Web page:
9. You should read the fscs site carefully. If a number of banks went to the wall, the full insurance 100% of first £2000, 90% of the next £29700 would not necessarily be able to be paid out. The fscs is only there to deal with small numbers of institutions failing.
  10. Not sure where you would stand legally, but it sounds to me like he wants you to rent the house but also wants to use it as a storage shed. This landlord is taking the mick. I agree with the previous poster - do you really want to rent from someone like this? This is the sort of guy who is going to cause you trouble come "getting your deposit back time". It would want to be an exceptional property at an exceptionally low price, otherwise my advice would be: Run!
  11. True, provided that you don't sleep and can say each number at the rate of 1 per second. Try saying nine hundred and eight seven billion, six hundred and fifty four million, three hundred and twenty one thousand seven hundred and eighty eight in a second, repeatedly and see if you think it is still possible.
  12. I'm from the same area. Couldn't agree more. Very hard to call the top of te market when it is driven by the insane. Anyhow, gratz on buying in 2001. As a junior fellow at the university, I was already priced out by then...
  13. You forgot CGT, which changes the picture significantly. The 30k could be in an ISA with no tax. Wipe 60k off the bull figures and 22k off the bear earnings. In the latter case, they lose money.
  14. £100 for a 12 metre by 3 metre lawn...I'm in the wrong business
  15. Something is distinctly wrong with that data. The data from Jan 07 must come from a different source. I'd discount everything from Jan 07. (Though wouldn't it be nice if it were true! )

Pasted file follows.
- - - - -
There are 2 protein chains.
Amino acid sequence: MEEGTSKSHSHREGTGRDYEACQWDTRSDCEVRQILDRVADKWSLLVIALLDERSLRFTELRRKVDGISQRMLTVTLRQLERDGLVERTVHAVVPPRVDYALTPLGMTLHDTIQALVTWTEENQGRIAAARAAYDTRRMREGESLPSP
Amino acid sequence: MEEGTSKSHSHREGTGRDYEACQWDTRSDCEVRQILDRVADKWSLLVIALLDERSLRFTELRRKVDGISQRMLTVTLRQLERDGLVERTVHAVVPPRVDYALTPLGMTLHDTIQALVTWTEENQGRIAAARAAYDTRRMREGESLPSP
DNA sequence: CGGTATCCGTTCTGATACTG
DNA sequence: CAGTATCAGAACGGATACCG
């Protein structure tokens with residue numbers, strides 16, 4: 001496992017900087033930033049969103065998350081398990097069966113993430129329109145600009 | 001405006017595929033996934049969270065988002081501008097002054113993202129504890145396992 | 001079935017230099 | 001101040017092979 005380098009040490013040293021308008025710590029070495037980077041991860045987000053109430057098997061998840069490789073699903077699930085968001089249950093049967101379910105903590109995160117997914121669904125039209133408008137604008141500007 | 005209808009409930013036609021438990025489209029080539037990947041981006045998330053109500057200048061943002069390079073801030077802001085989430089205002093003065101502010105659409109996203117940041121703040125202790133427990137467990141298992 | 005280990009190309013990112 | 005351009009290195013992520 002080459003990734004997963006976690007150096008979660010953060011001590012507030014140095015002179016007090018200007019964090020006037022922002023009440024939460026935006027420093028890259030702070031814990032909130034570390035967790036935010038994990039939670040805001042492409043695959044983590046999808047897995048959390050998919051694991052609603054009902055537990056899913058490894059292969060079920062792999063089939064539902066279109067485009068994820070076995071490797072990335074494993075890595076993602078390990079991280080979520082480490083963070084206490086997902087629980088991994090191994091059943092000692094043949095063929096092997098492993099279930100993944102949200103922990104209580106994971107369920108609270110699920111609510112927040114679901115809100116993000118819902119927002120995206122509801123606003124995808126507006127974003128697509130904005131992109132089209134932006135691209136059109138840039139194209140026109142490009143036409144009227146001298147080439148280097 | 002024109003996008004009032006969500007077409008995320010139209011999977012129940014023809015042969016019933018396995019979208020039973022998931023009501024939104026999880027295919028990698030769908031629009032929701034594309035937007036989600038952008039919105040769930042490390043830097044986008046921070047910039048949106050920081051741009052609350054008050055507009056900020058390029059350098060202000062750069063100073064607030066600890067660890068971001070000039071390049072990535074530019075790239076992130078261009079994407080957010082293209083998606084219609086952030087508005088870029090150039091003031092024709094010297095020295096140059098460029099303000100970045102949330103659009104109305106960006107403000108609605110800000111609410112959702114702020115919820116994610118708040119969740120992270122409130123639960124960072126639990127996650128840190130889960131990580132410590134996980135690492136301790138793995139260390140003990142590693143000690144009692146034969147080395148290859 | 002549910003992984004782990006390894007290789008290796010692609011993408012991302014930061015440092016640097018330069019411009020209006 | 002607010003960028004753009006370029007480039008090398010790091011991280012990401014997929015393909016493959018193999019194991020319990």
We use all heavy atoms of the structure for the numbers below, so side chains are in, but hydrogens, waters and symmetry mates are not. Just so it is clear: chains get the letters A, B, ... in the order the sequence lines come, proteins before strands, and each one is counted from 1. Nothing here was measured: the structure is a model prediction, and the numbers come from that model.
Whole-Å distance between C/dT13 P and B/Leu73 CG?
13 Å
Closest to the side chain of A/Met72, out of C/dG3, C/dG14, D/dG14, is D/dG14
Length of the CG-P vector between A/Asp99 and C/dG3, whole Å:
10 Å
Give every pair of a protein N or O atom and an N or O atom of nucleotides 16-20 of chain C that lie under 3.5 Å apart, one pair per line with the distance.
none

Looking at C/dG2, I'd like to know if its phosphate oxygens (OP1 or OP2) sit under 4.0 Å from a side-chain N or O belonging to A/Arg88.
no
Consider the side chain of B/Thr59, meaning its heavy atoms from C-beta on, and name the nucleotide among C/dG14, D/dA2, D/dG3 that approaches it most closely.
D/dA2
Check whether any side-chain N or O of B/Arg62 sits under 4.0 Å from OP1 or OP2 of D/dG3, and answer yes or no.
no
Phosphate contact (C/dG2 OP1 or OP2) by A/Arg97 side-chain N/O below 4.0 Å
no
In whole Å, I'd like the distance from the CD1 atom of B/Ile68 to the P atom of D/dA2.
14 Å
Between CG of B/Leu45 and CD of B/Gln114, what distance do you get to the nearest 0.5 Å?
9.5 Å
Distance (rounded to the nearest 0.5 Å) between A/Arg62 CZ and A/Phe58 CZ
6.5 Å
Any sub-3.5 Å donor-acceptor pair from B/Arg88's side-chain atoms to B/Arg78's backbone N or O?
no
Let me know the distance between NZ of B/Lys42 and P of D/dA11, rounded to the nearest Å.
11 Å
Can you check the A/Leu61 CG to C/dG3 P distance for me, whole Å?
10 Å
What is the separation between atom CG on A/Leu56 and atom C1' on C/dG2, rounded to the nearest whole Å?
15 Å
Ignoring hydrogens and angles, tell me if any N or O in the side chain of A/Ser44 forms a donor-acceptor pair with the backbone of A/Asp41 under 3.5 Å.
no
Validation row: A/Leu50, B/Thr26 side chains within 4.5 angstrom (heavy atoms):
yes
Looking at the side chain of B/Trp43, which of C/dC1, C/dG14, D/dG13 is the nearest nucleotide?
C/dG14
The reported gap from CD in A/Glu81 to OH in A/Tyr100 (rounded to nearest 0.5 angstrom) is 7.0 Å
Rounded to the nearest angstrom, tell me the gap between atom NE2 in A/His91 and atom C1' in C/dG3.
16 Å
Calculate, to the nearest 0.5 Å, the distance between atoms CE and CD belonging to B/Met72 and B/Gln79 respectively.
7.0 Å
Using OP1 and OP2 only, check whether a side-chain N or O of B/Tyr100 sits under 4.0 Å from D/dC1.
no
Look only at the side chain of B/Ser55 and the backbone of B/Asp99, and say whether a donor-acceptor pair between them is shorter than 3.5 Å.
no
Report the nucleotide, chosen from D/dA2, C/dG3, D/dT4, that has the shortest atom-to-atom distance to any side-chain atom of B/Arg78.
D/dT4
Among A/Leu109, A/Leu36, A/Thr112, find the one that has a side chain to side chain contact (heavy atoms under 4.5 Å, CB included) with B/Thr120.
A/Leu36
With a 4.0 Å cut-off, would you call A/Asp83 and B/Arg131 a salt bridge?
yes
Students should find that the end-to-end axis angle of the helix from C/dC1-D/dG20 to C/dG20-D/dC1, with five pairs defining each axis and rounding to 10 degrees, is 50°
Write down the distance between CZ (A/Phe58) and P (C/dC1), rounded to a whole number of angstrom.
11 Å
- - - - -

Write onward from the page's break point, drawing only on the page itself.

16. I just feel sorry for all the people who took the opportunity cost and direct financial cost of training to be a HIPS inspector. The idea, if implemented properly so that they were of the quality that banks would accept for mortgages etc., would save a lot of money for people who are continually gazumped and weed out time wasting sellers. Instead we have been presented with high farce. Depressing. So depressing. How is it that people like Ruth Kelly (Harriet Harman also springs to mind) can end up in significant positions of power in this country when I wouldn't trust either of them to walk my dog? I find it hard to distinguish much of what comes out of this government from what comes out of student union politics i.e. completely ineffectual, gormless, hot air filled, neurotic twaddle.
  17. After living in a couple of places with electric storage heating - never again.
  18. Nope...have thought about doing what's been suggested, but not sure playing 2000 hands of black jack for £100 is worth it. Might give it a try one day.
  19. Very approximately, you can estimate the variation of your returns on this strategy by using a binomial distribution. Assuming 1% house advantage and assuming you place 2000 £1 bets your profit would, with 95% sureity lie between £35 and £125. The chance of actually making a loss would be about 0.03% If, instead you made 1000 £2 bets your profit would, with 95% sureity lie between £16 and £143. Your cahnce of making a loss would be about 0.6%. For 400 £5 bets your profit would, with 95% sureity lie between -£20 and £180. Your chance of making a loss would be about 6%. Clearly, patience is a virtue :-)